Classical Musicians Get Their Penguin Suits Dirty

Even managers at healthy symphony orchestras have been eager to use the economic crisis to decimate wages and working conditions. All events for the New Mexico Symphony Orchestra are on hold after musicians had health insurance canceled without warning and were asked to take a 25 percent pay cut. Photo: Nathan Kahn.

The elegant on-stage evening dress worn by musicians in unionized symphony orchestras may be a lot more frayed than it looks from far away. The recession has killed or weakened many orchestras, and even managers at healthy organizations, like their peers across corporate America, are eager to use the crisis to decimate wages and working conditions.

Despite fierce protests from members of Local 72-147 in Dallas-Fort Worth, the Texas Ballet has replaced its musicians with pre-recorded music, and the Baltimore Opera has closed its doors entirely.

Live classical music has struggled since before the recession. The Colorado Springs Symphony, before it declared bankruptcy in 2003, proposed to pay musicians any money left over after paying the conductor, soloist, hall, and stagehands. In Tulsa, the chair of the now-defunct Philharmonic tried to replace per-diem payments for touring musicians with buckets of peanut butter on the buses.

Now, the poor economy has caused devastating cuts from corporate and private donors. Michigan Opera Theatre in Detroit, heavily dependent on the auto industry, lost more than 80 percent of its corporate funding. The company offered fewer performances and rehearsals, and chose operas with many fewer musicians. That lowered musicians’ annual salaries by a quarter, to about $7,000.


Full-time year-round orchestras, like the Cincinnati Symphony and the Minnesota Orchestra, and groups that play only part of the year, such as the orchestras of Wichita and Tucson, have all taken drastic cuts.

Laura Ross, secretary of the 51-member International Conference of Symphony and Opera Musicians, reported that 23 orchestras in the last year have negotiated agreements. Three re-opened contracts and at least 16 took concessions.

ICSOM members, the biggest-budget orchestras, where average annual salaries range from $28,000 to a very few earning more than $100,000, comprise one of two U.S. symphonic player conferences within the American Federation of Musicians (AFM). The Regional Orchestra Players’ Association is ICSOM’s 79-member counterpart. ROPA is made up of orchestras of all sizes and budgets, and average salaries range from $3,000 to $41,000.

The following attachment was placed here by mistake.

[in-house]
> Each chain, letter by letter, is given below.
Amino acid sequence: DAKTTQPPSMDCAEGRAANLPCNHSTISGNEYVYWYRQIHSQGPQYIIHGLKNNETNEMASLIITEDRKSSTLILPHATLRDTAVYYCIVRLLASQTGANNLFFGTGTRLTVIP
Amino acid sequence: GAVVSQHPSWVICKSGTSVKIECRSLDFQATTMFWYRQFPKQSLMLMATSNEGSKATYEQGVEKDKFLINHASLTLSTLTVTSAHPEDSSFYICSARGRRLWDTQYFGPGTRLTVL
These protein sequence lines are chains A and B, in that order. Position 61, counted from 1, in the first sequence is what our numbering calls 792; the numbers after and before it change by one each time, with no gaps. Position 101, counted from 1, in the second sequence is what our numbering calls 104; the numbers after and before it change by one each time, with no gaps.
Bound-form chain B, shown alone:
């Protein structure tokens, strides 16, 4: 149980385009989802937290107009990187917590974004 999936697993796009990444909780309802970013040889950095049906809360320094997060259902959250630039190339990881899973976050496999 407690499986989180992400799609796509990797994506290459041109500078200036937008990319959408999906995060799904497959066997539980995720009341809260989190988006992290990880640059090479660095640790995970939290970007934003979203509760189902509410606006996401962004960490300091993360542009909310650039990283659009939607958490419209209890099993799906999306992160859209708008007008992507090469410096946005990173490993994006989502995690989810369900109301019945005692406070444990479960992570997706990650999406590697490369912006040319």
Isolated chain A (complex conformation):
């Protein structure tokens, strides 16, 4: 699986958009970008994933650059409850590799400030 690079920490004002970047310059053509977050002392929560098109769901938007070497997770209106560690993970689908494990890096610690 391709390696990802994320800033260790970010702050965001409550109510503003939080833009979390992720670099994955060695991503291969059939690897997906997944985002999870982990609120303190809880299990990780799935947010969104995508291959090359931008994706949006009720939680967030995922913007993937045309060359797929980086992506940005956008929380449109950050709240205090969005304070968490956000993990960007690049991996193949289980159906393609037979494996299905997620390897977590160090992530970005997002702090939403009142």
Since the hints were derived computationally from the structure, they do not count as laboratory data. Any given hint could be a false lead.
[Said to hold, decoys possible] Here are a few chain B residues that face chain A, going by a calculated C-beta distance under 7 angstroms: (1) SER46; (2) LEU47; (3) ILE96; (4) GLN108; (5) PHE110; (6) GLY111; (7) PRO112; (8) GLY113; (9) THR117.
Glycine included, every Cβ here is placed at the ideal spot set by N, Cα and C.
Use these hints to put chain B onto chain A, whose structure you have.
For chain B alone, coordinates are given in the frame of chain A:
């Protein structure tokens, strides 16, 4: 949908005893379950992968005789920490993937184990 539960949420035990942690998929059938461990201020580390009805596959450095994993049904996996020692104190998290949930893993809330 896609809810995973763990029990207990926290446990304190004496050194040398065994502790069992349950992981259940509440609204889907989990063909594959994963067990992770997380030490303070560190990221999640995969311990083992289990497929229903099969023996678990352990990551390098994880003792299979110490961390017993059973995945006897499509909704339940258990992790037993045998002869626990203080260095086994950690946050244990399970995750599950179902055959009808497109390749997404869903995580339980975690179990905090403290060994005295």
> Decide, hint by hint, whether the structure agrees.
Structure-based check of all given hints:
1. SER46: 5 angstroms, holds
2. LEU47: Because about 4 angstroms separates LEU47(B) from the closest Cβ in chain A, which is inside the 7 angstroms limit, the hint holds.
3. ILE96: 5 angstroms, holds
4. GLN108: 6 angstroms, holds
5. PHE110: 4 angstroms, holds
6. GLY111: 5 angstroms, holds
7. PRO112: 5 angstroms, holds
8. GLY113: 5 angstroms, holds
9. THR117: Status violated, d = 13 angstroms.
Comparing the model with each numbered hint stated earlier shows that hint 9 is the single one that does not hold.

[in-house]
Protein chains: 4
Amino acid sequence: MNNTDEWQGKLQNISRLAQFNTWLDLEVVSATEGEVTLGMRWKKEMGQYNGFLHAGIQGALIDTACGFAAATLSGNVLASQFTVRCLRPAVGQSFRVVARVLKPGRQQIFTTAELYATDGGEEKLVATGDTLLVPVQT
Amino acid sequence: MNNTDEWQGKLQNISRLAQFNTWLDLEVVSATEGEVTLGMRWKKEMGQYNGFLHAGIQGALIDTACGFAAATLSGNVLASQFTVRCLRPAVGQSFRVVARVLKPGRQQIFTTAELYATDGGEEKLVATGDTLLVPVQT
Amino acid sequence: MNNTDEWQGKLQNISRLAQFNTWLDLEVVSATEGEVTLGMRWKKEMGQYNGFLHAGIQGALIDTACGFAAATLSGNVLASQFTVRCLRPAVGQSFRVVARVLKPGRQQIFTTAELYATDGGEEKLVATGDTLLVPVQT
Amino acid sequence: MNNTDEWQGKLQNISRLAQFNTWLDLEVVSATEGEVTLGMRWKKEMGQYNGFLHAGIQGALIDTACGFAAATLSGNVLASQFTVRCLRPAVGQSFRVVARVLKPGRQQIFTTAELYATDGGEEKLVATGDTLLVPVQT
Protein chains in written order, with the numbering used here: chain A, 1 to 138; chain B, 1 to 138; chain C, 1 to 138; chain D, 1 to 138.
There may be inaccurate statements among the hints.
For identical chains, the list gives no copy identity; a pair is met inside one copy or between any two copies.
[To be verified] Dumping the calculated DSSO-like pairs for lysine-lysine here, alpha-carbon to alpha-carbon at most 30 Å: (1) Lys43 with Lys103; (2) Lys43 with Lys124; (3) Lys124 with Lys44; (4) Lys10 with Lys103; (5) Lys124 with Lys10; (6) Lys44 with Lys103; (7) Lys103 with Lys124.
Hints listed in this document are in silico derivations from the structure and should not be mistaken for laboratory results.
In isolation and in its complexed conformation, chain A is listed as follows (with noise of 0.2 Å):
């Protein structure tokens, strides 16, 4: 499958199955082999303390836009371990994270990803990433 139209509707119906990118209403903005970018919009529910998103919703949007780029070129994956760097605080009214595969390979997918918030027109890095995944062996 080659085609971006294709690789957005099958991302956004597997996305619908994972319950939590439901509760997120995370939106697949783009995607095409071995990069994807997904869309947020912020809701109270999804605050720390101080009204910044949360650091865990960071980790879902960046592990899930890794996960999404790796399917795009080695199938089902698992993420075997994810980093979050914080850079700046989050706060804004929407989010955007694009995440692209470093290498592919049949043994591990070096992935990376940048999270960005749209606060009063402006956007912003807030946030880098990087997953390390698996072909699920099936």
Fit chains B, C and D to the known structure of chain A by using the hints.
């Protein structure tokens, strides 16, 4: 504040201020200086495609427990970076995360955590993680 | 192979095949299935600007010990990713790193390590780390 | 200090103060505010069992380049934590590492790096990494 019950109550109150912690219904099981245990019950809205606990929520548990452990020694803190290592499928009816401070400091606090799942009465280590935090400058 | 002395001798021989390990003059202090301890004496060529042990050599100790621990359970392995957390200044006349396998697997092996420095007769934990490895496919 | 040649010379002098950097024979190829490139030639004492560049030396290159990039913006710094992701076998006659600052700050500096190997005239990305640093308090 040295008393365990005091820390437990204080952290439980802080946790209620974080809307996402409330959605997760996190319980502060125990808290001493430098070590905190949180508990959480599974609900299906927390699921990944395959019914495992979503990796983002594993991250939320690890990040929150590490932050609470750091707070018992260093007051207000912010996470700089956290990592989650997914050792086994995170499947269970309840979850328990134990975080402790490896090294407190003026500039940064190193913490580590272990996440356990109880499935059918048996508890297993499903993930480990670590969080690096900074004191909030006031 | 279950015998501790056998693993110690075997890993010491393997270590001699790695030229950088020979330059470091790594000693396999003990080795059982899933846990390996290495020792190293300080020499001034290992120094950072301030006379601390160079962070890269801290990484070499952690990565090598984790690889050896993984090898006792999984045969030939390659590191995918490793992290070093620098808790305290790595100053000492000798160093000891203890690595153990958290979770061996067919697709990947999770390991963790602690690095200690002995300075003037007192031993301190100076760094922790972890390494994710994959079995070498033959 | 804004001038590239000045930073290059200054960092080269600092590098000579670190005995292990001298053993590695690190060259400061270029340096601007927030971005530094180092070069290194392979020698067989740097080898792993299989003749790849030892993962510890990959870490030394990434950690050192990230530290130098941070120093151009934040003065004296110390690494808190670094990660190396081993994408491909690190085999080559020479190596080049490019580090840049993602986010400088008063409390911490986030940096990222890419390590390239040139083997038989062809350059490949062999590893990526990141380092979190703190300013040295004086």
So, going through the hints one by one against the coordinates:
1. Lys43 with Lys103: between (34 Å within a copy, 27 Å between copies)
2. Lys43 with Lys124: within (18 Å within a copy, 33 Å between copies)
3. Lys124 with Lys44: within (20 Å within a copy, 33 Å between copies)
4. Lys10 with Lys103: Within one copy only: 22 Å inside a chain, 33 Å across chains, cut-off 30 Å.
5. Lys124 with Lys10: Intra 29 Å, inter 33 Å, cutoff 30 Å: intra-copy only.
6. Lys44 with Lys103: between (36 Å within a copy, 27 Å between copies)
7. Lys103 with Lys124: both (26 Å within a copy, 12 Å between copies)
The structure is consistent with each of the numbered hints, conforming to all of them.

Most groups chose to cut weeks from the season and try for restoration in a subsequent year, or sliced weeks but increased weekly scale. Others froze contract terms and extended agreements for an additional year.

While managers blame the sluggish economy for cutbacks, AFM negotiator Nathan Kahn says financial trouble at orchestra hall often stems from mismanagement, fiscal negligence, and uninspired programming that sends ticket sales plummeting.




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Players are pushing back hard, thanks to solid assistance from AFM field negotiators and their symphonic conferences. Players say the key is determining if management’s claims of poverty are real or arise from opportunism or lazy fundraising. The union is holding trainings in reopener bargaining and “quick and dirty data analysis.”

Mobilized and educated musicians in the Grand Rapids Symphony mitigated losses at the bargaining table. They were faced with a proposal to cut three weeks from their 42-week season, transform two weeks of paid vacation into unpaid furlough, suspend 401(k) pension contributions, and raise employee contributions to medical insurance to 25 percent.

At the season’s first concert series, players leafleted the audience. Instead of warming up on stage, they stood at their positions in total silence until the concert began. Such an action was unheard of in Grand Rapids, where the orchestra had historically friendly labor-management relations.

The protests opened eyes on the other side of the negotiating table, and musicians recently ratified an agreement much improved from the previous offer.


In spite of solid musician support, things are not going as well elsewhere. All events for the New Mexico Symphony Orchestra (NMSO) are on hold after board members asked musicians to take a 25 percent pay cut. Health insurance was cancelled without warning, and musicians were notified 10 days after the fact.

The AFM Local 618 negotiating committee proposed playing fewer concerts and using in-house music instead of renting sheet music scores. Musicians noted that staff vacancies continued to be filled.

At a recent Buddy Holly tribute by a nationally touring band, musicians set up pickets to tell patrons they weren’t playing back-up, as advertised. Many audience members, realizing they weren’t getting what they paid for, turned around and went home.

“Everyone loses in this situation: the relationships between the musicians and management will most likely never heal, the perception of the symphony to the community will take years to change, and the musicians’ financial hardships and stress from the weeks of lost paychecks will never be forgotten,” said Carla Lehmeier-Tatum, NMSO Orchestra Committee chair and ROPA president.

Barbara Zmich is a violist in two Michigan orchestras and secretary-treasurer of AFM Local 625 in Ann Arbor.

A version of this article appeared in Labor Notes #368, November 2009. Don't miss an issue, subscribe today.